People who recover from a mild case of COVID-19 appear to have an increased risk for subsequent new-onset type 2 diabetes but not other types of diabetes, new data suggest.
“If confirmed, the results of the present study indicate that diabetes screening in individuals who have recovered from even mild COVID-19 should be recommended,” say Wolfgang Rathmann, MD, of the Leibniz Center for Diabetes Research at Heinrich Heine University, Düsseldorf, Germany, and colleagues.
The findings, from a nationwide primary care database in Germany, were recently published in Diabetologia.
These primary care data align with those from other studies of more seriously ill patients with COVID-19 that found increased rates of type 2 diabetes diagnoses in the subsequent months following illness, they point out.
“COVID-19 infection may lead to diabetes by upregulation of the immune system after remission, which may induce pancreatic beta-cell dysfunction and insulin resistance, or patients may have been at risk for developing diabetes due to having obesity or prediabetes, and the stress COVID-19 put on their bodies sped it up,” said Dr. Rathmann in a press release.
However, because the patients with COVID-19 in the study were only followed for about 3 months, “further follow-up is needed to understand whether type 2 diabetes after mild COVID-19 is just temporary and can be reversed after they have fully recovered or whether it leads to a chronic condition,” he noted.
Increase in type 2 diabetes 3 months after mild COVID-19
The retrospective cohort analysis was performed using data from the Disease Analyzer, a representative panel of 1,171 physician practices in Germany, from March 2020 to January 2021, with follow-up through July 2021.
Individuals with a history of COVID-19 or diabetes and those taking corticosteroids within 30 days after the index dates were excluded.
A total of 35,865 patients with confirmed SARS-CoV-2 infection were propensity score-matched on a one-to-one basis for sex, age, health insurance, and comorbidities with those who had acute respiratory tract infections (controls) but were COVID-19 negative. Median follow-up was 119 days for the COVID-19 group and 161 days for controls.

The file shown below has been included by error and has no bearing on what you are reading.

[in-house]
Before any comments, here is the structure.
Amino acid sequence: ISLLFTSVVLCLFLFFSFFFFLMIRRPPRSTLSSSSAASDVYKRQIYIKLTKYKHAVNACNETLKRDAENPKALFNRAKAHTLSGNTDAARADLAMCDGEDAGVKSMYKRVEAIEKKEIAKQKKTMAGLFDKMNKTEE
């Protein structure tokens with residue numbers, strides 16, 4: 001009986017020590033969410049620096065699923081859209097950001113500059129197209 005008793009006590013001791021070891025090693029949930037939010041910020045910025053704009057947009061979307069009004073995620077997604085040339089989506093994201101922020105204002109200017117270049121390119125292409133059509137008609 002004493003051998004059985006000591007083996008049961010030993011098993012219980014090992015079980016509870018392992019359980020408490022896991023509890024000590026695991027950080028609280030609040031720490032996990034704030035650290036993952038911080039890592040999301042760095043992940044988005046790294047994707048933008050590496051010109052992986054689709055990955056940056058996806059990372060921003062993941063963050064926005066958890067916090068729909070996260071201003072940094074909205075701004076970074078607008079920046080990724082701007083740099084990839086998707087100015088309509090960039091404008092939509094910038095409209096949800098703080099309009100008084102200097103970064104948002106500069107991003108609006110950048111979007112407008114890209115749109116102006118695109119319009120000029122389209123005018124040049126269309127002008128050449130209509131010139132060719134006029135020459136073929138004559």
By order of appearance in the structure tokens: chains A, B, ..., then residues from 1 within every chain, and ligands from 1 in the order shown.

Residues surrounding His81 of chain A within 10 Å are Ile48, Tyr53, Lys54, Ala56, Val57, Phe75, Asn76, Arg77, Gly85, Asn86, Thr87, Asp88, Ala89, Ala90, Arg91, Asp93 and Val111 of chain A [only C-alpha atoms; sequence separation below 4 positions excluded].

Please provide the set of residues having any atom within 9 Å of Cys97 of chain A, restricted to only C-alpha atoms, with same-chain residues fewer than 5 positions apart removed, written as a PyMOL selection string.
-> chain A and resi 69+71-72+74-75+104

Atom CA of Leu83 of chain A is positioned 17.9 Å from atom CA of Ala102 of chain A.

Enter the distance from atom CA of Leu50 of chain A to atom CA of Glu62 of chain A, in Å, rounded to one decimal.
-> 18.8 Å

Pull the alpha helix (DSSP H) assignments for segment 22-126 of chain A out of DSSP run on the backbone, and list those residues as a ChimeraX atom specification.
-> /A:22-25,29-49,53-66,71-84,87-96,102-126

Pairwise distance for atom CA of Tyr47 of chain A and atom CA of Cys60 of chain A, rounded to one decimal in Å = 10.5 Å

There was a 28% increased risk of type 2 diabetes for those who had COVID-19 versus controls (15.8 per 1,000 person-years vs. 12.3 per 1,000 person-years, respectively, which was significantly different, and an incidence rate ratio of 1.28).
The incidence of other types of diabetes or unspecified diabetes for the COVID-19 and control groups did not differ significantly (4.3 per 1,000 person-years vs. 3.7 per 1,000 person-years; IRR, 1.17).
Similar findings were seen in sensitivity analyses by glucose-lowering medication prescriptions and by ICD-10 codes.
Although type 2 diabetes is not likely to be a problem for the vast majority of people who have mild COVID-19, the authors recommend that anyone who has recovered from COVID-19 be aware of the warning signs and symptoms such as fatigue, frequent urination, and increased thirst, and seek treatment right away.
CoviDiab registry tracking type 1 and type 2 diabetes
Over the course of the pandemic, there have been conflicting data on whether COVID-19 induces or reveals a propensity for type 1 and type 2 diabetes.
The CoviDiab global registry is tracking this and will include diabetes type for adults and children.
The aim is to have “as many as possible cases of new-onset diabetes for which we can have also a minimum set of clinical data including type of diabetes and A1c,” coprincipal investigator Francesco Rubino, MD, of King’s College London, previously told this news organization.
“By looking at this information we can infer whether a role of COVID-19 in triggering diabetes is clinically plausible – or not – and what type of diabetes is most frequently associated with COVID-19.”
Rubino said that the CoviDiab team is approaching the data with the assumption that, at least in adults diagnosed with type 2 diabetes, the explanation might be that the person already had undiagnosed diabetes or the hyperglycemia may be stress-induced and temporary.
The German Diabetes Center is funded by the German Federal Ministry of Health and the Ministry of Culture and Science of the State of North Rhine-Westphalia. Dr. Rathmann has reported receiving consulting fees for attending educational sessions or advisory boards for AstraZeneca, Boehringer Ingelheim, and Novo Nordisk and institutional research grants from Novo Nordisk outside of the topic of the current work.
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